News // 1.4.21

Managing Osteoarthritis in dogs and cats

What is osteoarthritis?

Osteoarthritis is a common condition we see and treat at Allambie Vet. Approximately 25 percent of dogs are diagnosed with arthritis and as many as 60 percent of dogs have signs of arthritis on radiographs. Osteoarthritis or degenerative joint disease is a degenerative, progressive, and irreversible condition of the joints. Osteoarthritis can affect any age, sex, and breed of dog and cat.

What are the symptoms of osteoarthritis in my dog or cat?

The signs of osteoarthritis vary widely from very discreet to very severe. Some dogs and cats show no lameness, some become unwilling to exercise, and some have a hard time walking. A common sign in dogs is stiffness or lameness after waking. Cats often show no signs unless they are severe but can involve being less active/ sleeping more.

Recognising arthritis in dogs can be difficult in many cases because the condition can progress slowly and dogs don’t complain about their aching joints. The consequences of osteoarthritis include joint pain and, over time, a potential loss of joint movement, strength, and fitness. 

How can we help manage arthritis in dogs and cats?

There are three key aspects:

  • Weight Optimisation
  • Pain Management
  • Activity Modification

Managing your pet’s weight is important. Excess weight increases stress on the joints and muscles. If your pet is overweight, weight loss is recommended. Daily, low impact activities such as walking and swimming, will not only help your pet with losing weight but can also improve joint mobility, muscle mass and exercise intolerance.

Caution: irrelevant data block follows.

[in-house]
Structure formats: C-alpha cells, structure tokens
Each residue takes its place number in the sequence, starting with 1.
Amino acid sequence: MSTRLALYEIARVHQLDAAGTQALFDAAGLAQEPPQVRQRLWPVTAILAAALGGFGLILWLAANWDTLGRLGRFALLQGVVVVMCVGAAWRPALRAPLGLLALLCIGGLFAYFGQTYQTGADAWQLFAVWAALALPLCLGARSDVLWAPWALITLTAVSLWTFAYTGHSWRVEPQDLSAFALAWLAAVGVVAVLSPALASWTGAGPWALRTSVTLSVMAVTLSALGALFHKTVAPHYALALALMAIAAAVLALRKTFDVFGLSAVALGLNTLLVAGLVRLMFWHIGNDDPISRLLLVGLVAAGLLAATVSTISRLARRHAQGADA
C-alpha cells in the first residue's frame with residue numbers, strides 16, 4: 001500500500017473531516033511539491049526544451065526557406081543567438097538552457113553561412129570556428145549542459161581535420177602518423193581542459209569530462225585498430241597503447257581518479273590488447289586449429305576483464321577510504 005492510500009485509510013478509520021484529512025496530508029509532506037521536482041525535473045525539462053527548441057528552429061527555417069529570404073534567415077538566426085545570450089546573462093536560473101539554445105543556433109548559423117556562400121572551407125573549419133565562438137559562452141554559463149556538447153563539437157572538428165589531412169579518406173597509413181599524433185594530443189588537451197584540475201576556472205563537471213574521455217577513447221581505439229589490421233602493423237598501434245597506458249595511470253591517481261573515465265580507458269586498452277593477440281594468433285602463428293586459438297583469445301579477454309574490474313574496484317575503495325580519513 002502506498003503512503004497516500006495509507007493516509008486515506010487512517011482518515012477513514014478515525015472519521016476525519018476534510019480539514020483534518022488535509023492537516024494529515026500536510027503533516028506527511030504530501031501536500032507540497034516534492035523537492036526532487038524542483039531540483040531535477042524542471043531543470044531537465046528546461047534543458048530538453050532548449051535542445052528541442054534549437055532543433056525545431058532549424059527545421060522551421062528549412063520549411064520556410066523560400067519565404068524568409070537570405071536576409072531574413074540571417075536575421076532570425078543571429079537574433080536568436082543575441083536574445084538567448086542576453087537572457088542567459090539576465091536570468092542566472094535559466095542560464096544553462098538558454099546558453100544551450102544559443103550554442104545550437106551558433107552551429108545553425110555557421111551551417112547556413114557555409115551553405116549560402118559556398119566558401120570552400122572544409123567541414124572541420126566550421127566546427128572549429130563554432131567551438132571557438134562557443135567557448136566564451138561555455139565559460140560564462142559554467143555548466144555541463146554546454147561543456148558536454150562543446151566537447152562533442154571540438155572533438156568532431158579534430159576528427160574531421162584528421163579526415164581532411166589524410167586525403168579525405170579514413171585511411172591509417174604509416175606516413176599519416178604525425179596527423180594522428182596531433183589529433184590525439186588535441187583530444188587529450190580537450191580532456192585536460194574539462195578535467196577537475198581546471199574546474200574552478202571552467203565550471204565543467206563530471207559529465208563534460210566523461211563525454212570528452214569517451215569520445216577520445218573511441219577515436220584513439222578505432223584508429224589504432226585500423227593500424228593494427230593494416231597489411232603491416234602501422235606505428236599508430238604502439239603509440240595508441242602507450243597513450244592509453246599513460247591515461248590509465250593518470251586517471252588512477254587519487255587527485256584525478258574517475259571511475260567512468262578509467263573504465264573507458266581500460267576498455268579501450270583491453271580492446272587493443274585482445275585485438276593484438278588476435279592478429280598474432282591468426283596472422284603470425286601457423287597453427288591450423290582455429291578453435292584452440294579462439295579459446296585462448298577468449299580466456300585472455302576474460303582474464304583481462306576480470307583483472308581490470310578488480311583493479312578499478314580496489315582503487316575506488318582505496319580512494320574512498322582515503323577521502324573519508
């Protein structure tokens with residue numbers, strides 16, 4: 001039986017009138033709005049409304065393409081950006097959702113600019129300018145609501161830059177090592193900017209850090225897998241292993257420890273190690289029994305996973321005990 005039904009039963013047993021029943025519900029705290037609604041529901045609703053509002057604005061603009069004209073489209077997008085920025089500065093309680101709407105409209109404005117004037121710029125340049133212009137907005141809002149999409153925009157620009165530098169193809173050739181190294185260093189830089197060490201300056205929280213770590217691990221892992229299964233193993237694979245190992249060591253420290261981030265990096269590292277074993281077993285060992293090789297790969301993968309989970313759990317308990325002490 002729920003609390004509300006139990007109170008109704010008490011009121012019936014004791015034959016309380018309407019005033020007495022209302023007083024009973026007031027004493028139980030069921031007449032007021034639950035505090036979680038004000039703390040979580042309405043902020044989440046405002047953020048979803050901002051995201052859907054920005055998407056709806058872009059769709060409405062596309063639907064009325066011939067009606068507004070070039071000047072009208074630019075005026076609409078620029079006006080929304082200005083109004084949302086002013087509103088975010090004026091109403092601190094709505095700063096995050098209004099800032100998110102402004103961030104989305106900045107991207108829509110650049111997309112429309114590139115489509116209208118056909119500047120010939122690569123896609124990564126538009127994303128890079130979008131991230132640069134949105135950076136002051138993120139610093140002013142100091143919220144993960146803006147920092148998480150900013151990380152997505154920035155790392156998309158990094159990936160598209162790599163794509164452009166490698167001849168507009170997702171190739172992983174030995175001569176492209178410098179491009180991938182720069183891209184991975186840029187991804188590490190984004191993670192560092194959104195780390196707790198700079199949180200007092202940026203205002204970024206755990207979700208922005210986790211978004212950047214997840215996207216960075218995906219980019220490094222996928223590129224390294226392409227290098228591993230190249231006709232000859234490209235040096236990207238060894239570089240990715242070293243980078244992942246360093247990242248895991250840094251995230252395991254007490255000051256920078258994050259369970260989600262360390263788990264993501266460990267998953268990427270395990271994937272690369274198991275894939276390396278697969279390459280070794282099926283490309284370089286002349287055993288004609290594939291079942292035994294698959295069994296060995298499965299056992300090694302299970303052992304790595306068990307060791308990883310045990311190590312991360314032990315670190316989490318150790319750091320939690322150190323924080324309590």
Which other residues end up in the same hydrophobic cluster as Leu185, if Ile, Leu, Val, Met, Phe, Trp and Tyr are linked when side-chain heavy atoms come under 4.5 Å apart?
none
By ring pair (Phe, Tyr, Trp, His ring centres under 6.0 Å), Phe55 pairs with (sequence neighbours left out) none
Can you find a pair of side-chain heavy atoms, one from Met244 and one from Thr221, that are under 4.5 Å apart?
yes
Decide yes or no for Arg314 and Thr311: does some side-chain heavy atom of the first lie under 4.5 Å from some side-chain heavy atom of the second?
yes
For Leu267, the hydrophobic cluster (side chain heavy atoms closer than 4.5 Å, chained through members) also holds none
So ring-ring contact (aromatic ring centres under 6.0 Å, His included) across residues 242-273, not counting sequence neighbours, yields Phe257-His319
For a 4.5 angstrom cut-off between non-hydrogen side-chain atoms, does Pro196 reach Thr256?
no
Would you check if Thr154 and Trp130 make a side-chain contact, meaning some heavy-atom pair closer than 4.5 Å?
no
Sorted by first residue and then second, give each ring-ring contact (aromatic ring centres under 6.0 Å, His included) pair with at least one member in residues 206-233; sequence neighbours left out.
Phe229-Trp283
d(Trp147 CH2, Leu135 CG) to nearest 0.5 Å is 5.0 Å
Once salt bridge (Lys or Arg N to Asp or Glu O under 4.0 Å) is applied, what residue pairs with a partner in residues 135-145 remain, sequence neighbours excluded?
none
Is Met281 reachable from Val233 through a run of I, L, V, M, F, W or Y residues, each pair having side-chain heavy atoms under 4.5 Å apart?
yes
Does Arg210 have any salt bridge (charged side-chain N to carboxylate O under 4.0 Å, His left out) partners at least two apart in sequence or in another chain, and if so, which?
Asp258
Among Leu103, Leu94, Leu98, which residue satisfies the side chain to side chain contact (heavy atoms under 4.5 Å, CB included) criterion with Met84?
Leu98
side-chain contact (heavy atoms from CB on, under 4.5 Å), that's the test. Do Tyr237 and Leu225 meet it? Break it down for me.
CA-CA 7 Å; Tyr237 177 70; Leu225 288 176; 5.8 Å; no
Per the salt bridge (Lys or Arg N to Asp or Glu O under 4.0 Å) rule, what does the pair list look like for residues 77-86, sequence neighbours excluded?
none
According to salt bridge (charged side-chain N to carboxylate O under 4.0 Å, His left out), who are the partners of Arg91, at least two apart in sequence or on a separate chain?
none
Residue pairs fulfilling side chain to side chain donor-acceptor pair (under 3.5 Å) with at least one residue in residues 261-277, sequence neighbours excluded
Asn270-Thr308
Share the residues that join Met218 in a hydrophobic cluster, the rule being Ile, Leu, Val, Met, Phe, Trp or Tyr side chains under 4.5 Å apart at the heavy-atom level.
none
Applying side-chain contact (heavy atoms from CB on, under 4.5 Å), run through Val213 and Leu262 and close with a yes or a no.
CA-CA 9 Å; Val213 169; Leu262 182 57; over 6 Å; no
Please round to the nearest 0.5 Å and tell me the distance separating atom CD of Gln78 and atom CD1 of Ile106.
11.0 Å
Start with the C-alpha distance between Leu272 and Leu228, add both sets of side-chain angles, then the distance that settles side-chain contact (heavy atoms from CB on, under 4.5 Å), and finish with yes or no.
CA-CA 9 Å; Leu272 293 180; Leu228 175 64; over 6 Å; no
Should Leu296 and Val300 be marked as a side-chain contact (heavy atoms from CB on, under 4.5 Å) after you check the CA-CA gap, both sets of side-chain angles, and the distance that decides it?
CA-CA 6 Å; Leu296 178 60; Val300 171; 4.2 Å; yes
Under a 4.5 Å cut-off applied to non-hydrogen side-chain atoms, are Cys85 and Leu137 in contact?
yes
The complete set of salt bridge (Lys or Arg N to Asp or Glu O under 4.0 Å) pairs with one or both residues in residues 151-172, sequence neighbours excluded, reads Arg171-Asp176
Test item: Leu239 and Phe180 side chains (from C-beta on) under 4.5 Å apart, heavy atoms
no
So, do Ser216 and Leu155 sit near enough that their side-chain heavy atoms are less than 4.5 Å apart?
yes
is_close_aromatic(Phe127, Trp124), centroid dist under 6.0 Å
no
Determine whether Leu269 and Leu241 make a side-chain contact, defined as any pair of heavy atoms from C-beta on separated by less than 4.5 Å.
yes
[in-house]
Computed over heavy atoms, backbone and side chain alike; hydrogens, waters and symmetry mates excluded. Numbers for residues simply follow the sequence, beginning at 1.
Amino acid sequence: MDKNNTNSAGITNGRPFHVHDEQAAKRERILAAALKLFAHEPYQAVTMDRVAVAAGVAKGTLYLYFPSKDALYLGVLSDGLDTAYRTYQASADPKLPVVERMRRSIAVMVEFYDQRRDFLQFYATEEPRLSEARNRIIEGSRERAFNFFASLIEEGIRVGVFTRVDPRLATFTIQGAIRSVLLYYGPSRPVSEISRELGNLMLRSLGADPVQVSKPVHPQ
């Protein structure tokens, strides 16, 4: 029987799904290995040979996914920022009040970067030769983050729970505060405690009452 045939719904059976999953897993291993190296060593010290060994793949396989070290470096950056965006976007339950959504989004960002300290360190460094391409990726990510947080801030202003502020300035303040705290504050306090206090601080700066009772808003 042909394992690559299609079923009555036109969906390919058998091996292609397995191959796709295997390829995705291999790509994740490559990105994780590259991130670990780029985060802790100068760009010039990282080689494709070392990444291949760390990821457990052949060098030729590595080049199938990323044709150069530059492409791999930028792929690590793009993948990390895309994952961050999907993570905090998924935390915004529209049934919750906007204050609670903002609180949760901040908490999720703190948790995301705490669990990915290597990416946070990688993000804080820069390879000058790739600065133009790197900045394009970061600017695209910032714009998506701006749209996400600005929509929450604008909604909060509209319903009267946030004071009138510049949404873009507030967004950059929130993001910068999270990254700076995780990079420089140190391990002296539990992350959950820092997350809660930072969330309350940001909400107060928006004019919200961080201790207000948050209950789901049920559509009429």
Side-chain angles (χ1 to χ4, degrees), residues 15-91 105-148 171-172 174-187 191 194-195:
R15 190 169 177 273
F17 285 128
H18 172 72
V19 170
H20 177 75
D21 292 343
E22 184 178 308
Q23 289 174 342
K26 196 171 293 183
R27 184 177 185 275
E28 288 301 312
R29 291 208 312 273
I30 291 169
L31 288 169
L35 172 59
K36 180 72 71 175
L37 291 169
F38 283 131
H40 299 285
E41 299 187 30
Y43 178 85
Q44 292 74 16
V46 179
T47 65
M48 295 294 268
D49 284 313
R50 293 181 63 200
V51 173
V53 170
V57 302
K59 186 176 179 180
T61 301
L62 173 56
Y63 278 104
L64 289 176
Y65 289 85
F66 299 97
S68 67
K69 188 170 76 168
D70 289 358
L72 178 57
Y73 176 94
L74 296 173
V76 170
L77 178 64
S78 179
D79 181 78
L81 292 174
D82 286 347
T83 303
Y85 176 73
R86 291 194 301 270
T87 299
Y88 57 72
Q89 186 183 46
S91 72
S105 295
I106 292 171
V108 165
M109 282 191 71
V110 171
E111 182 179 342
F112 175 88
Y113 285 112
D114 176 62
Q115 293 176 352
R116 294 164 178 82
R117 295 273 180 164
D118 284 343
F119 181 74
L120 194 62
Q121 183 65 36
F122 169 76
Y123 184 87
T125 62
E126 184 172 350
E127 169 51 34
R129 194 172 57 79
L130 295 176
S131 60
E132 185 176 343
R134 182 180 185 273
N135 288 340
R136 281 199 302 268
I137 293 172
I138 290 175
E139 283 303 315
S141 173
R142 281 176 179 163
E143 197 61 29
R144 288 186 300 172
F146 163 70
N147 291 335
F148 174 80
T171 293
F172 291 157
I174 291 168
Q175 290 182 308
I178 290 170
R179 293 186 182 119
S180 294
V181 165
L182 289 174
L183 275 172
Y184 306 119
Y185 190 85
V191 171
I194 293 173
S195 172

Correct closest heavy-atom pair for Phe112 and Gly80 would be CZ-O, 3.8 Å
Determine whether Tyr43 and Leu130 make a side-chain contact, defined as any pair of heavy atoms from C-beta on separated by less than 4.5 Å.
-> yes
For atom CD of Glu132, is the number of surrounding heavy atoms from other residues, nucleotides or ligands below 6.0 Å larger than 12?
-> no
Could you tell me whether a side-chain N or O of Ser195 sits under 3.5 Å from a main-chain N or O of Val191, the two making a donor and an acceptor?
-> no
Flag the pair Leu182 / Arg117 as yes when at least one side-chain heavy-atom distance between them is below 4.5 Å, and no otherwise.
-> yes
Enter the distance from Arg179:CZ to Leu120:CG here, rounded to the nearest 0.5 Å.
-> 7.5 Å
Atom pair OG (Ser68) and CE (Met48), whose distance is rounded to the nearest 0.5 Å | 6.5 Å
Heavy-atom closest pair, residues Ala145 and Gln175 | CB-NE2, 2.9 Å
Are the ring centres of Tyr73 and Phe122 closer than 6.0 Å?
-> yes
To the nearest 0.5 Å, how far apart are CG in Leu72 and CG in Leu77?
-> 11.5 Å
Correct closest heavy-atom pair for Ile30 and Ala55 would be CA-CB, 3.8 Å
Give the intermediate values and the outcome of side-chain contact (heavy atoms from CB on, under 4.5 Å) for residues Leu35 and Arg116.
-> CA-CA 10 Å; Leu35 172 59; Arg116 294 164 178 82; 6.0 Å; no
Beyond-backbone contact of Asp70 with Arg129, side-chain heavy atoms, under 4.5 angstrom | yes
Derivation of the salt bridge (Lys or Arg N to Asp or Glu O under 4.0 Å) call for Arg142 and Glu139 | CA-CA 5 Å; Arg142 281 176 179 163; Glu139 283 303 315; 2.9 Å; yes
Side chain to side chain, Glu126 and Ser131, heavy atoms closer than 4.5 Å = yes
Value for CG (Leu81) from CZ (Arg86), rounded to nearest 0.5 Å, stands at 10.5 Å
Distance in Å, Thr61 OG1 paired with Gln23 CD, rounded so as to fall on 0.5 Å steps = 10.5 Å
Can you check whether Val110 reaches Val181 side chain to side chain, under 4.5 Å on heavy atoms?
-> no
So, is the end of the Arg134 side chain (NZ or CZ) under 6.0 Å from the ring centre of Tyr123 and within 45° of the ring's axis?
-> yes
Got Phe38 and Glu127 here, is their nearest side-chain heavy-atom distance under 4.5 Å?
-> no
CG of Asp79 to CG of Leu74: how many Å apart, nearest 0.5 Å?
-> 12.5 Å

The activity of dogs with osteoarthritis should be adapted to their needs. Exercise is important to keep dogs fit and strong, but strenuous activities that trigger lameness and flare-ups should be avoided.

How to relieve arthritis pain in dogs & cats?

Pain management of arthritis includes anti-inflammatory medications and more traditional pain relief medications.

Zydax injections

This medication is a disease modifying osteoarthritis drug. It slows arthritis progression, reduces inflammation and provides pain management. It helps to increase the amount of joint fluid within all the joints and helps lubricate and reduce any bone on bone pain. These injections are given as a course once a week for 4 weeks and last 6 months.

Non-steriodal anti-inflammatory medications

These medications reduce the inflammation inside an affected joint and provide very effective pain relief as well.

Additional prescription pain relief medications

Now days there are a number of adjunctive pain relief medications that are often used in combination with the nonsteroidal medications to help our more severe arthritis patients.

Joint supplements containing concentrated green-lipped muscle

This will help support the cartilage and will have some anti-inflammatory effects. Antinol capsules and Glyde powder or chews are great examples and have some good research behind them.

Alternative therapies 

Such as acupuncture, physical therapy, laser therapy and rehabilitation therapy are available and can be very helpful.

With a good management plan and monitoring, arthritis can be carefully managed in dogs and cats, resulting in a good quality of life that you and your pet will appreciate.

Read more about our general cat advice and dog advice.

Book an appointment with one of our senior vets to discuss or review an arthritis management plan.

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